Few studies have evaluated hospitalizations associated with rheumatic disease in Indigenous North American populations. The objective of this study was to determine the characteristics of people hospitalized with rheumatic disease in Alaska, including a comparison of hospitalizations for Alaska Native/American Indian (AN/AI) people in Alaska compared with those of other races.
We used statewide hospital discharge data from the Alaska Health Facilities Data Reporting Program from 2015 to 2018 for this study. Cases were ascertained based on discharge diagnosis (any listed) of a defined set of rheumatic diseases. We determined characteristics associated with rheumatic disease hospitalizations, including age, gender, and race. Using multivariate modeling, we determined risk factors for hospitalization overall, as well as for specific rheumatic diseases. We compared characteristics of hospital encounters for people with or without rheumatic diseases and by race.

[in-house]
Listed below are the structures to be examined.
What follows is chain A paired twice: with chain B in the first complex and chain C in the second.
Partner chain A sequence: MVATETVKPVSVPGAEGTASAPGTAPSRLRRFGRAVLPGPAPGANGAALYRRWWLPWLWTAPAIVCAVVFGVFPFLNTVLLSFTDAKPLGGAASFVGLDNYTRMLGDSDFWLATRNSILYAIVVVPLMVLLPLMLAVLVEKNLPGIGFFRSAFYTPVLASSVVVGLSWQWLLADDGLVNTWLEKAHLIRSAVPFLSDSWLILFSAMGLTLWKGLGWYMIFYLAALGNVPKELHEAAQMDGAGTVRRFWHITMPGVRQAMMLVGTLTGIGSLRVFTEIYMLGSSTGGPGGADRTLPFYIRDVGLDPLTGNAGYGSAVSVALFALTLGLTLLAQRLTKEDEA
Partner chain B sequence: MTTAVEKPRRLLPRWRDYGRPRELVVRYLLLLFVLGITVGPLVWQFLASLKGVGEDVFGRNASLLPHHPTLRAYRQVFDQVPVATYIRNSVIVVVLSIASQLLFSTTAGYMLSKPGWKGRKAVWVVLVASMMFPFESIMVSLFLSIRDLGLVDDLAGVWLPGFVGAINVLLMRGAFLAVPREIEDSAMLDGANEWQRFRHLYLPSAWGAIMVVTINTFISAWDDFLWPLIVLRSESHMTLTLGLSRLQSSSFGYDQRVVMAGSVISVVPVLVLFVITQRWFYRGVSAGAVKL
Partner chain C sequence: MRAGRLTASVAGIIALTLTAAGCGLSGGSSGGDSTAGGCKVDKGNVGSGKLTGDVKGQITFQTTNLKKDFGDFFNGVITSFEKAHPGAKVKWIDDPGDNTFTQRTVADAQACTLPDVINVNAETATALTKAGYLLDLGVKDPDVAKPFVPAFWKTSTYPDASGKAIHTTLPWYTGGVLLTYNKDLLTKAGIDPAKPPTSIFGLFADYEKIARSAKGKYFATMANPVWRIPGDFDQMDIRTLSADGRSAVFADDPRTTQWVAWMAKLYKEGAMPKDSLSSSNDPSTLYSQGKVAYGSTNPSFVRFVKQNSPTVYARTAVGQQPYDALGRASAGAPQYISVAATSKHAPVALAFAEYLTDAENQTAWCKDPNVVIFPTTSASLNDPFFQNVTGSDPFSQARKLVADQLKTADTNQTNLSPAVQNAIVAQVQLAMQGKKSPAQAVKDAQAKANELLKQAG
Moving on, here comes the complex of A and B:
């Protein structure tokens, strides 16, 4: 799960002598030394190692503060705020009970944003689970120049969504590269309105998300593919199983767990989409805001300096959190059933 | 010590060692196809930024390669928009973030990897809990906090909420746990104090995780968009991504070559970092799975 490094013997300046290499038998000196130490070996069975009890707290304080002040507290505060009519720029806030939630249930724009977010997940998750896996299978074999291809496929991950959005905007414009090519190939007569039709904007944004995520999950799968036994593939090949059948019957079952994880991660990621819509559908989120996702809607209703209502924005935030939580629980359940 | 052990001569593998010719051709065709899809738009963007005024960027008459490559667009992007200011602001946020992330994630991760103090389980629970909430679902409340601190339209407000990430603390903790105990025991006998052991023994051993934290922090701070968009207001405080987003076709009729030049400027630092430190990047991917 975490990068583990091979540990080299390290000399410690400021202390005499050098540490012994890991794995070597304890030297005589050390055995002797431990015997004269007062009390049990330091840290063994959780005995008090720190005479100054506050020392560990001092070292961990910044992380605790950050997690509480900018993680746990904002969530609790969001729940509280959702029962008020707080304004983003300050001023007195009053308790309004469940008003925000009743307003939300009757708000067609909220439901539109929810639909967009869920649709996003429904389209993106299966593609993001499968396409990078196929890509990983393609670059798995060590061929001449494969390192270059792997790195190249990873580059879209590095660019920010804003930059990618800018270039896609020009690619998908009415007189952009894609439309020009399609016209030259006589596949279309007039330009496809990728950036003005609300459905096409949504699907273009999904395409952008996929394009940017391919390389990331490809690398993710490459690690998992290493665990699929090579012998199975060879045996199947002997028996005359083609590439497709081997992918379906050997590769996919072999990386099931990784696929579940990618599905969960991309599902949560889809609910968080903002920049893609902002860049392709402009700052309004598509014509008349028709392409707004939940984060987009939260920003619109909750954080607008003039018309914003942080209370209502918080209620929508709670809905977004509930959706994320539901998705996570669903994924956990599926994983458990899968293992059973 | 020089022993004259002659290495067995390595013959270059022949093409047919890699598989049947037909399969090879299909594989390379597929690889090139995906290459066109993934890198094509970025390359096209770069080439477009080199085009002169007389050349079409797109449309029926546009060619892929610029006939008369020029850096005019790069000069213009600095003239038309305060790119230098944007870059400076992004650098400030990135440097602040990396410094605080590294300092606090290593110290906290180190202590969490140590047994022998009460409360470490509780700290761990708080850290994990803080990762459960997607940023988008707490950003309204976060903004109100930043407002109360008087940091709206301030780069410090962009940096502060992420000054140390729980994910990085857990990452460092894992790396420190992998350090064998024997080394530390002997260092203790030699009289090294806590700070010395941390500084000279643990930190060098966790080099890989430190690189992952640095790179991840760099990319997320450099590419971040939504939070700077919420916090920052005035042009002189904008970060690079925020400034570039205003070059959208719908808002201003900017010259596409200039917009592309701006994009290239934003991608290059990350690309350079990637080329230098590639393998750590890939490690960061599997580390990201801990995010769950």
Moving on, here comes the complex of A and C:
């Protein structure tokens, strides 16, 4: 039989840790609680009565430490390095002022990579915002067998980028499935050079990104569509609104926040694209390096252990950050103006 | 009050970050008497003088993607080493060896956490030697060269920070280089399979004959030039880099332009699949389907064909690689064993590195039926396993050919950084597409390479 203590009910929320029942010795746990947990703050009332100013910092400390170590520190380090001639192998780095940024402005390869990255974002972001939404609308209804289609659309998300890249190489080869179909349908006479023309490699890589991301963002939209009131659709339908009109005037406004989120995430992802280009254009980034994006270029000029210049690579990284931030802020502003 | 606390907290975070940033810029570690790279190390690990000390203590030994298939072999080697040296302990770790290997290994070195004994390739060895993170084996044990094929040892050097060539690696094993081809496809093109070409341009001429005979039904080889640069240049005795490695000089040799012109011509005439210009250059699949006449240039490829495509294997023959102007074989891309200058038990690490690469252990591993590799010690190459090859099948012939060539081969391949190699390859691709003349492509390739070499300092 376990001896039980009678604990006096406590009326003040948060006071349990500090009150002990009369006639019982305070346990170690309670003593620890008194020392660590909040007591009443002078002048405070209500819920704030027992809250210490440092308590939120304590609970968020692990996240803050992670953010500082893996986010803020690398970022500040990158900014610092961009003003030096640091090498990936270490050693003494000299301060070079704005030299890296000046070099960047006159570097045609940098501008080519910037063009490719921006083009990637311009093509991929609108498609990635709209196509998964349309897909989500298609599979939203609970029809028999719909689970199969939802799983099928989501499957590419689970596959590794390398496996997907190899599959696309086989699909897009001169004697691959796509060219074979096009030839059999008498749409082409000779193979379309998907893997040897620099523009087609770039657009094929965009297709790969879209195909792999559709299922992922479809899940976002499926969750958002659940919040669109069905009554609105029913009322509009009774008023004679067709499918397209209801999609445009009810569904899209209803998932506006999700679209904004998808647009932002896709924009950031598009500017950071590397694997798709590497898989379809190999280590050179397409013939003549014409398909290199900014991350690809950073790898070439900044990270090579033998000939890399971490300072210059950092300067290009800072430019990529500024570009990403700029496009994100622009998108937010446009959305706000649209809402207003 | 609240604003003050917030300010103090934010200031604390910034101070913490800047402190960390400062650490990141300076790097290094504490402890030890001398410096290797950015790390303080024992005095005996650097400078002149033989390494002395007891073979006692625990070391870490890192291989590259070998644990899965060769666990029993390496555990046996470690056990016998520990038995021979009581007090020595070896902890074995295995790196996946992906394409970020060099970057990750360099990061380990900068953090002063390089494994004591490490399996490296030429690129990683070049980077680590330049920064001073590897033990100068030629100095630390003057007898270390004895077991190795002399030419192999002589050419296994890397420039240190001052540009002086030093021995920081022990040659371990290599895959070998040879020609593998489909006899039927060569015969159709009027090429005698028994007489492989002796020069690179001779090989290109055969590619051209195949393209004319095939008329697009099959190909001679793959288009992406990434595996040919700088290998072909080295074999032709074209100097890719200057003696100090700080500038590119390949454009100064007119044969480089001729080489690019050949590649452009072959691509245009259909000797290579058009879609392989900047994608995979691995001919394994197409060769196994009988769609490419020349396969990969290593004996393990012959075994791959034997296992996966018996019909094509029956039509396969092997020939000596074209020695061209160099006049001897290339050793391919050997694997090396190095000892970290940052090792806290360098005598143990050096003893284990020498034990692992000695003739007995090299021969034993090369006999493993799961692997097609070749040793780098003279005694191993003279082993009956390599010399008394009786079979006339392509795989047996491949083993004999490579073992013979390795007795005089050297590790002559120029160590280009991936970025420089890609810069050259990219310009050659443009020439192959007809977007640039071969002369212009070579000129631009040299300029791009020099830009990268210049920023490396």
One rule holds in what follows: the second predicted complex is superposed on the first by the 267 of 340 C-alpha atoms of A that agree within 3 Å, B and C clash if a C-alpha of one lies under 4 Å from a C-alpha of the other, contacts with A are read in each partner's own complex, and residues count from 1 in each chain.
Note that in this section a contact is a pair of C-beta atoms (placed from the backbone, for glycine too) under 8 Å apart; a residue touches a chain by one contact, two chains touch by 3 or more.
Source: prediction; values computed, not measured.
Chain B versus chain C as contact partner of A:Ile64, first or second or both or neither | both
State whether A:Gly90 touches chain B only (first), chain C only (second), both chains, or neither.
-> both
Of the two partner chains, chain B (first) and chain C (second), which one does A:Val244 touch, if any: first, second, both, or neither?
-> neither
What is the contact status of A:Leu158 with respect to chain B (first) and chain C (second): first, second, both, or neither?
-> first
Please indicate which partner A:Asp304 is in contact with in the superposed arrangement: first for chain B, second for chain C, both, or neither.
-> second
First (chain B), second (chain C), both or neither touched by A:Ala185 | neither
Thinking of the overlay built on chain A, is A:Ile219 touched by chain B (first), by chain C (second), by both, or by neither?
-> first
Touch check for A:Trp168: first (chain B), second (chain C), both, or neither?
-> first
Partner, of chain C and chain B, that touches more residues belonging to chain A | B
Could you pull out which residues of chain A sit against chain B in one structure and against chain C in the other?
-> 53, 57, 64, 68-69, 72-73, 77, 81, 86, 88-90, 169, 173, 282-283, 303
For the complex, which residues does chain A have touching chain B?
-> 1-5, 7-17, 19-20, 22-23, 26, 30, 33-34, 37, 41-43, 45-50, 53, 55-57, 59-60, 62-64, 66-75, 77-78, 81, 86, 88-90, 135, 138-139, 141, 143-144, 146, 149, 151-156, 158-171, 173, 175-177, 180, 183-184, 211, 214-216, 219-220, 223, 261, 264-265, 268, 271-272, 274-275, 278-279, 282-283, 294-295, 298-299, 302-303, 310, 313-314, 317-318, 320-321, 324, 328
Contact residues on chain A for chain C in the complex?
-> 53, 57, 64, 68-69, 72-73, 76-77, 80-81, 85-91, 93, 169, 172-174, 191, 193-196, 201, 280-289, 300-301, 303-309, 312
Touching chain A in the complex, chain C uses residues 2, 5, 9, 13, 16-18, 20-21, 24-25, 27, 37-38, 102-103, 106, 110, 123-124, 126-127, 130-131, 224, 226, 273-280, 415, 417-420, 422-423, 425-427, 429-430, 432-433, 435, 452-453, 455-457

We identified 11,023 people ever hospitalized with rheumatic disease in the study period and 92,090 controls hospitalized but without any rheumatic disease diagnosis. Cases were older than controls and more likely to be female. The three most common types of rheumatic disease associated with hospitalization were osteoarthritis, gout, and rheumatoid arthritis. Compared with other races, AN/AI people were more likely to be hospitalized with rheumatic disease, and this association was true for all specific diseases other than gout.
Hospitalizations associated with rheumatic disease are common in Alaska, with an increased likelihood of hospitalization for AN/AI people. This adds to the literature on health disparities in Indigenous North American populations.

© 2022 The Authors. ACR Open Rheumatology published by Wiley Periodicals LLC on behalf of American College of Rheumatology.